Financial Services Act (FinSA)
The new Financial Services Act (FinSA; German abbreviation: FIDLEG) entered into force on 1 January 2020. FinSA regulates the provision of financial services and the selling of financial instruments. FinSA aims to introduce greater and more sustainable protection of investors’ interests.
Zuger Kantonalbank made use of the two-year transition period and is FinSA-compliant as of 1 January 2022. During these two years it undertook an in-depth review of its financial services and made adjustments where necessary, informing its customers of these changes in good time.
FinSA mainly applies to the following areas:
- Strengthening of investor protection
- Transparency of financial products
- Revision of organisational requirements for the provision of financial services
What is important for you as a client of Zuger Kantonalbank?
Zuger Kantonalbank, Bahnhofstrasse 1, 6301 Zug is subject to supervision by the Swiss Financial Market Supervisory Authority (FINMA) and is a licensed bank and securities company.
Swiss Financial Market Supervisory Authority FINMA
031 327 91 00
Your satisfaction is important to us. If we should fail to meet your expectations, please contact your client advisor. Together we will find a solution that meets your needs. If your complaints and concerns cannot be resolved to your satisfaction, you can contact the Swiss Banking Ombudsman, a neutral, inexpensive or free mediation body.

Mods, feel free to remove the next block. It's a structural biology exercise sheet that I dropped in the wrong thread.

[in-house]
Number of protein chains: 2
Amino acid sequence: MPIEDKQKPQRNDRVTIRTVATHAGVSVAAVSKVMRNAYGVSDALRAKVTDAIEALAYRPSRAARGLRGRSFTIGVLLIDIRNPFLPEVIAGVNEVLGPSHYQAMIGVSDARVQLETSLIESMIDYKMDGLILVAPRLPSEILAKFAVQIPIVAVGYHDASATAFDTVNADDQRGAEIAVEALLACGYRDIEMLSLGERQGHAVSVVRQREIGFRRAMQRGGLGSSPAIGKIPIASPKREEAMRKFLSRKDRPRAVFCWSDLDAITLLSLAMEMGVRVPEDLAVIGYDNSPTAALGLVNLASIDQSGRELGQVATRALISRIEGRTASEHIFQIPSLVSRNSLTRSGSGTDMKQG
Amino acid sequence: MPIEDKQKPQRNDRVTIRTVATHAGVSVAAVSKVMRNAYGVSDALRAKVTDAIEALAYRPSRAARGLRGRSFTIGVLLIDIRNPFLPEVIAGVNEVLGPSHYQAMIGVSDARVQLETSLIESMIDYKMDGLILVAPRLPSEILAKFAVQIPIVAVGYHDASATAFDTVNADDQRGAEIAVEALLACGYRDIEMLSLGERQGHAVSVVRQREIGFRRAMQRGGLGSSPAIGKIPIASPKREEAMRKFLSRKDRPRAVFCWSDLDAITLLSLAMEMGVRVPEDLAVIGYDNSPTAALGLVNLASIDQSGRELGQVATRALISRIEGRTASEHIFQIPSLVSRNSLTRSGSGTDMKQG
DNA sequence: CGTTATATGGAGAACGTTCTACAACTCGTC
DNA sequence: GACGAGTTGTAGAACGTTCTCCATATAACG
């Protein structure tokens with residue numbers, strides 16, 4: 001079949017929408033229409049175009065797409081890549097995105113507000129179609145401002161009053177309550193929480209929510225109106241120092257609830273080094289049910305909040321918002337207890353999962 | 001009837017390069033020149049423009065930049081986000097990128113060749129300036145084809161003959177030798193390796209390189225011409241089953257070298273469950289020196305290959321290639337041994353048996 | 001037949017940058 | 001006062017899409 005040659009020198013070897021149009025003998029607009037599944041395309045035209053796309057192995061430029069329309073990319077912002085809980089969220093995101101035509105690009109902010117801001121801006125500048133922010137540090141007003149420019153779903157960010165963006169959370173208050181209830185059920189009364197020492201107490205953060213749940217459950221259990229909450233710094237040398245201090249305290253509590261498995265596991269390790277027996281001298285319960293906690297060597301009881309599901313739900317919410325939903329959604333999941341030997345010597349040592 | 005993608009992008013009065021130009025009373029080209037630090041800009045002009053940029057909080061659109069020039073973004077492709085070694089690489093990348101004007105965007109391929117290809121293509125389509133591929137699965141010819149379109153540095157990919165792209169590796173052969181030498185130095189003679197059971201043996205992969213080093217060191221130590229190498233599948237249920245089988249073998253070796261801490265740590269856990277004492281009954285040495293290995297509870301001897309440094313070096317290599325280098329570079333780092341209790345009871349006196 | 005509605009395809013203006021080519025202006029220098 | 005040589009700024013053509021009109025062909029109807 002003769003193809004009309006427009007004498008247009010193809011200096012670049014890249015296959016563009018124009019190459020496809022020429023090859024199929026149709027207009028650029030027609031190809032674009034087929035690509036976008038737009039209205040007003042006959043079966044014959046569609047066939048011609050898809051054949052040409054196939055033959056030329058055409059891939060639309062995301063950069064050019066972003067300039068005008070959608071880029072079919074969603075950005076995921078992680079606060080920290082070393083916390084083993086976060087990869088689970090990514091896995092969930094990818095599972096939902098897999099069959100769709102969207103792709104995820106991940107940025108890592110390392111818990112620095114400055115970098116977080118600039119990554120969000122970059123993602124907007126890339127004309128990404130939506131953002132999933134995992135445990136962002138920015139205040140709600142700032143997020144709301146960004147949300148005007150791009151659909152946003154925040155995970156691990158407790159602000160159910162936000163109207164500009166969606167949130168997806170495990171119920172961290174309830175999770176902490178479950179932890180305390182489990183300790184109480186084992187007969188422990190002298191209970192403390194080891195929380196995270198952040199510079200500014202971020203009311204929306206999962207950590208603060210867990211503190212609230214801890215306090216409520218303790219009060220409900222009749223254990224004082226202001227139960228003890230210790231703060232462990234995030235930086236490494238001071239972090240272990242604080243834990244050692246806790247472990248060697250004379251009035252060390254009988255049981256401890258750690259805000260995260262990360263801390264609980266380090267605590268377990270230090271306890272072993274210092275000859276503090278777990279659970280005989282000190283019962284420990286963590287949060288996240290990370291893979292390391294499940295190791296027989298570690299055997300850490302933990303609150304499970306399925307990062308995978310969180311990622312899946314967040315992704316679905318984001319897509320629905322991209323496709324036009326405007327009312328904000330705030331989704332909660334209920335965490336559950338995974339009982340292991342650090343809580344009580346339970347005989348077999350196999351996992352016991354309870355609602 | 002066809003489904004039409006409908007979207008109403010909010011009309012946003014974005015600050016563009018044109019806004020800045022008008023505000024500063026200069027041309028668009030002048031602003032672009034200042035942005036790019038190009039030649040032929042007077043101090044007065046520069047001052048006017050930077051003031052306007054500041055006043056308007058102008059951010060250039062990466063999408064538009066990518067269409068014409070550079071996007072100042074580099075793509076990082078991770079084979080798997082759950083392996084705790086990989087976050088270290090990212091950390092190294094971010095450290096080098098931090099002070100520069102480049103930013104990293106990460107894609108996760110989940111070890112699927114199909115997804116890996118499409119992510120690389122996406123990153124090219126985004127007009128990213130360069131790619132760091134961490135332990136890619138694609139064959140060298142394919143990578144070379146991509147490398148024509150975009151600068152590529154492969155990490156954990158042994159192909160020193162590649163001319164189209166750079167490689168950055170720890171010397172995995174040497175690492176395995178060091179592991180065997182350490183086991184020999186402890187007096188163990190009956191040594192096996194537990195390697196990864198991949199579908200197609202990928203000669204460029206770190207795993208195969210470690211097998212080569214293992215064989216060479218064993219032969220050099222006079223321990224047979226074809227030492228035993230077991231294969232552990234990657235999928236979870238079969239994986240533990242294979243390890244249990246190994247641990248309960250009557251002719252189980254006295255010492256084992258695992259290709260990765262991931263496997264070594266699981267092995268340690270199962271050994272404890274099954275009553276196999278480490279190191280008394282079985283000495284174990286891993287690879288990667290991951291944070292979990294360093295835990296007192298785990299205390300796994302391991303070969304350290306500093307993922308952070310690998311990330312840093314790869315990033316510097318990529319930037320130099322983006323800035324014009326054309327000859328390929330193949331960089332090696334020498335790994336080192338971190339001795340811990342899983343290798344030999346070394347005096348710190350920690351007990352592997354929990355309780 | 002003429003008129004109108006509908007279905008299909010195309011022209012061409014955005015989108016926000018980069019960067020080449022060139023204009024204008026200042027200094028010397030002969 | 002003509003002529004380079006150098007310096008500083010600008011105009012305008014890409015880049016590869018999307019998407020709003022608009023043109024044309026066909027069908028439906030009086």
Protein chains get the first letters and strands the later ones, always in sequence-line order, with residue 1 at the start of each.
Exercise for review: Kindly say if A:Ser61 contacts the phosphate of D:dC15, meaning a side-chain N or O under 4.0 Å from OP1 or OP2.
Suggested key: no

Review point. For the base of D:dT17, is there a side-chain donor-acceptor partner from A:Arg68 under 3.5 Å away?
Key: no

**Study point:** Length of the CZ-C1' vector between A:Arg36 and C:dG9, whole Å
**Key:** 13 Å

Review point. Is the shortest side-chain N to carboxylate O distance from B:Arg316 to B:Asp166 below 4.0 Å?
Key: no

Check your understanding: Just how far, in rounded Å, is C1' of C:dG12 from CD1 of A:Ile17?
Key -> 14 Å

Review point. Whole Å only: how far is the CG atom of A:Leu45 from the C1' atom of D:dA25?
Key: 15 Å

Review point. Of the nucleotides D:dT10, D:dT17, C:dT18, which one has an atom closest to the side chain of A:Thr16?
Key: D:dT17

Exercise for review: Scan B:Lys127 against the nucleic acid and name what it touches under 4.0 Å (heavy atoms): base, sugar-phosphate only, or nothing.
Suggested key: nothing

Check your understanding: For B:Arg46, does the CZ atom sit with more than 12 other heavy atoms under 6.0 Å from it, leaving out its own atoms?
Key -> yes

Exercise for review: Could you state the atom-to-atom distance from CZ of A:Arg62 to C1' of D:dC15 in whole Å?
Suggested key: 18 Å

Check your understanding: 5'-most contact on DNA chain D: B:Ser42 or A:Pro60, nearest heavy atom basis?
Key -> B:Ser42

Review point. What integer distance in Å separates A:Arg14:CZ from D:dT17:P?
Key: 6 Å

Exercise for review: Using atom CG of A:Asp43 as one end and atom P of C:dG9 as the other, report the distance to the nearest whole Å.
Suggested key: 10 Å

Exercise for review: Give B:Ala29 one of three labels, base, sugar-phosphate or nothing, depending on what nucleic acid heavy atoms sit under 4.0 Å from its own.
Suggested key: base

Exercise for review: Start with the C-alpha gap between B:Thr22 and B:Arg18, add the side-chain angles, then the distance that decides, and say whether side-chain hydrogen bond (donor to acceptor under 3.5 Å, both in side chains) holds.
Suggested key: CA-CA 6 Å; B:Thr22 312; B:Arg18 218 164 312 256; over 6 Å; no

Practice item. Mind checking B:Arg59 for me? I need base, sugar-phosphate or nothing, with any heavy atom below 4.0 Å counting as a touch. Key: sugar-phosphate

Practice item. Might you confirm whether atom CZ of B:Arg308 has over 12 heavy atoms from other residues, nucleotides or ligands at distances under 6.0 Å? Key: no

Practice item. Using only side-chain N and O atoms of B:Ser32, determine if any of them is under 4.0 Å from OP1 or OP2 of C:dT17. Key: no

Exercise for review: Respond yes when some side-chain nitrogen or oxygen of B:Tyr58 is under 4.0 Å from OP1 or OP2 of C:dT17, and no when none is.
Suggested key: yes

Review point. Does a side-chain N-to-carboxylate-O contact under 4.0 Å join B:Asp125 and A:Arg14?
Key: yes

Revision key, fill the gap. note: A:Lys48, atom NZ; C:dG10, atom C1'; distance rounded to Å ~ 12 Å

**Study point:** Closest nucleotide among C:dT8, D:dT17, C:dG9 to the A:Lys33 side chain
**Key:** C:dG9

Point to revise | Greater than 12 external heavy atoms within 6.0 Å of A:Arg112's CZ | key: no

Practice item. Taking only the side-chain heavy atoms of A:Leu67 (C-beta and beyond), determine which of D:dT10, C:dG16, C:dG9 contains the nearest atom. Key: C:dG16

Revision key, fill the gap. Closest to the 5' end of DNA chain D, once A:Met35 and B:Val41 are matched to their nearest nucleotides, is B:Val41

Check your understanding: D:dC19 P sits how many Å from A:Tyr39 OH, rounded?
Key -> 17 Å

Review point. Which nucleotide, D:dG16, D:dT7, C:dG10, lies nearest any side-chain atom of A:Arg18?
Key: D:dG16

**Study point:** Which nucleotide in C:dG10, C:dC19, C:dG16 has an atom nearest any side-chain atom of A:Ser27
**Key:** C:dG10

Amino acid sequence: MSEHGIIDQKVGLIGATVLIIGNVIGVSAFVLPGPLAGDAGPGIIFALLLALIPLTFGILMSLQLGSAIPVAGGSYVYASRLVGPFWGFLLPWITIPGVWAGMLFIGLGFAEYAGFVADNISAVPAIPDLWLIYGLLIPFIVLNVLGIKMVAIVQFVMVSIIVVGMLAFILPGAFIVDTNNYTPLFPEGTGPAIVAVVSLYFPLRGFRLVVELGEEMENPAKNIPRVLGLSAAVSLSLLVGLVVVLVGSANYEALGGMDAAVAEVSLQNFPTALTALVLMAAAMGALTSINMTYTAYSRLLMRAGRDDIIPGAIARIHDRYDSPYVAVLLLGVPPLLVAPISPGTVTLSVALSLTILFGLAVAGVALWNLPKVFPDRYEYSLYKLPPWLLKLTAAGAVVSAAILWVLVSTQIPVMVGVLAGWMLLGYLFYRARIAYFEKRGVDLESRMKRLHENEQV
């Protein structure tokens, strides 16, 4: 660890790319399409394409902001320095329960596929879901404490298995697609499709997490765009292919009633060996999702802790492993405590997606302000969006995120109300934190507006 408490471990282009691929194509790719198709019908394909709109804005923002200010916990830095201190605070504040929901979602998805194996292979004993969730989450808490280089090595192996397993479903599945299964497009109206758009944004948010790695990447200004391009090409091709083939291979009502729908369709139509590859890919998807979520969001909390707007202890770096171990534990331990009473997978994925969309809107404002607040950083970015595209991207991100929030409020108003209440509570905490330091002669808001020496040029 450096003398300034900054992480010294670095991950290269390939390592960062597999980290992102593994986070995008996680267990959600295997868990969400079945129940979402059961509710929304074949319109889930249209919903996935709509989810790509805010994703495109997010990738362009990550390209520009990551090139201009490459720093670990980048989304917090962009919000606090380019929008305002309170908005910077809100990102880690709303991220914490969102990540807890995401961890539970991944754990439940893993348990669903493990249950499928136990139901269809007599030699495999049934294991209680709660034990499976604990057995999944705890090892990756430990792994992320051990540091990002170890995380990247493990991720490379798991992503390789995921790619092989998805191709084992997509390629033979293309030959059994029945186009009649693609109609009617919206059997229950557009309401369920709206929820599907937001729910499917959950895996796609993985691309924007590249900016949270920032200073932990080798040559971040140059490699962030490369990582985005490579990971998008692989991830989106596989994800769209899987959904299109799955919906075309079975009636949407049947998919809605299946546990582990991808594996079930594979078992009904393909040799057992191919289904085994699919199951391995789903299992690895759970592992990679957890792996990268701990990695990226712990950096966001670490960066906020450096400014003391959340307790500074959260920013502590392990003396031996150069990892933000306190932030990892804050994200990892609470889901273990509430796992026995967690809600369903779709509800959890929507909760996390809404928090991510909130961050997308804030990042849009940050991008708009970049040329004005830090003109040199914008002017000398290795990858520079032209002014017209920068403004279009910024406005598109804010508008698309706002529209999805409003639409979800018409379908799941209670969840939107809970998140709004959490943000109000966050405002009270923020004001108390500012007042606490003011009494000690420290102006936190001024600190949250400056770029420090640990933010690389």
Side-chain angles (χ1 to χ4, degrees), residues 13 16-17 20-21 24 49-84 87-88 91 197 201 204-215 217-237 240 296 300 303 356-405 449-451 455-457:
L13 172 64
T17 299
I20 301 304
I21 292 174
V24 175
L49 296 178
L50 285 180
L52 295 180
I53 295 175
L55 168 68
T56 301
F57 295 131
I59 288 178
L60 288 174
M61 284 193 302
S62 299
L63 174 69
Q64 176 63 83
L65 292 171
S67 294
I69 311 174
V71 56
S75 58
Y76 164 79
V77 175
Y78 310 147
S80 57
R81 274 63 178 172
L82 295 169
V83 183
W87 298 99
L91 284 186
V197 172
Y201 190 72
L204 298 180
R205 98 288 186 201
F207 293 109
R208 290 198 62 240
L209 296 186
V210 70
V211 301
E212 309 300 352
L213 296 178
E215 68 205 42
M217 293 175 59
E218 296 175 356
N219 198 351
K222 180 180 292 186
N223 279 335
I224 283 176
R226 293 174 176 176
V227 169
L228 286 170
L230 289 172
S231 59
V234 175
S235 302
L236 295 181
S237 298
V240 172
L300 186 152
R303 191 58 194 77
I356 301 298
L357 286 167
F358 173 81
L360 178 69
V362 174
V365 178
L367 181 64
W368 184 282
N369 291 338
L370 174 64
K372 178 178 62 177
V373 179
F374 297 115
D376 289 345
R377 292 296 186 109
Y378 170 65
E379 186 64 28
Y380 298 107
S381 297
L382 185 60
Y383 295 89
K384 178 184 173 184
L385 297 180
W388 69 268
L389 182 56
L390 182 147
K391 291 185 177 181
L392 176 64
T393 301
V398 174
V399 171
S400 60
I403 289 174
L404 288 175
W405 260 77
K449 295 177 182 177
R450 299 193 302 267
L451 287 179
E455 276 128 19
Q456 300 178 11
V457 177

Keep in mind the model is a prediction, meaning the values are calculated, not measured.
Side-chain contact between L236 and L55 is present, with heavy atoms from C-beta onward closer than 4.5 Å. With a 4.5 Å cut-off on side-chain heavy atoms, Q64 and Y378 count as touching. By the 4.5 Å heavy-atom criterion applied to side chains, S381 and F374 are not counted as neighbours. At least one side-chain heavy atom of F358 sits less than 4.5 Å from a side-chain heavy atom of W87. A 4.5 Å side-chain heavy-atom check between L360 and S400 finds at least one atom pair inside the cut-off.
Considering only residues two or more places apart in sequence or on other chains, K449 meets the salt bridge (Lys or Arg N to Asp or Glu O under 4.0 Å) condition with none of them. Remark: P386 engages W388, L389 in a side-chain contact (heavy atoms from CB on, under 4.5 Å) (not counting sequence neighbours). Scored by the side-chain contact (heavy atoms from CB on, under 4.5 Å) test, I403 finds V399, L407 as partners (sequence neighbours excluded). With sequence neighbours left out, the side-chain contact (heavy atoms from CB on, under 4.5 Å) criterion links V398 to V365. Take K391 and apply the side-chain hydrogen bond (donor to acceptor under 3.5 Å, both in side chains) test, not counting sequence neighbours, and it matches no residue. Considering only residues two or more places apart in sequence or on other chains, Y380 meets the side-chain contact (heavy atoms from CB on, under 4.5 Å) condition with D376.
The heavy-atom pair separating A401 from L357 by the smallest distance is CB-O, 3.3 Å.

Swiss Banking Ombudsman
043 266 14 14
According to FinSA there are three client segments: retail clients, professional and institutional clients. Retail clients enjoy the highest level of investor protection. In the case of professional and institutional clients, the bank may assume that these clients have the necessary know-how and sufficient experience and are able to financially bear losses of the investment strategy pursued. Natural persons and small and medium-sized enterprises are generally classified as retail clients. Zuger Kantonalbank informs those clients who are classified by the bank as professional or institutional clients. Institutional clients can declare that they wish to be considered professional clients and professional clients can declare that they wish to be considered retail clients so that they can benefit from higher protection under the FinSA (opting-in).
If a client instructs Zuger Kantonalbank to buy or sell financial instruments without prior advice (mere execution or transmission, execution-only), the Bank is not required to conduct a suitability or appropriateness test. Clients receive this information only at this point and not anew for each execution-only transaction.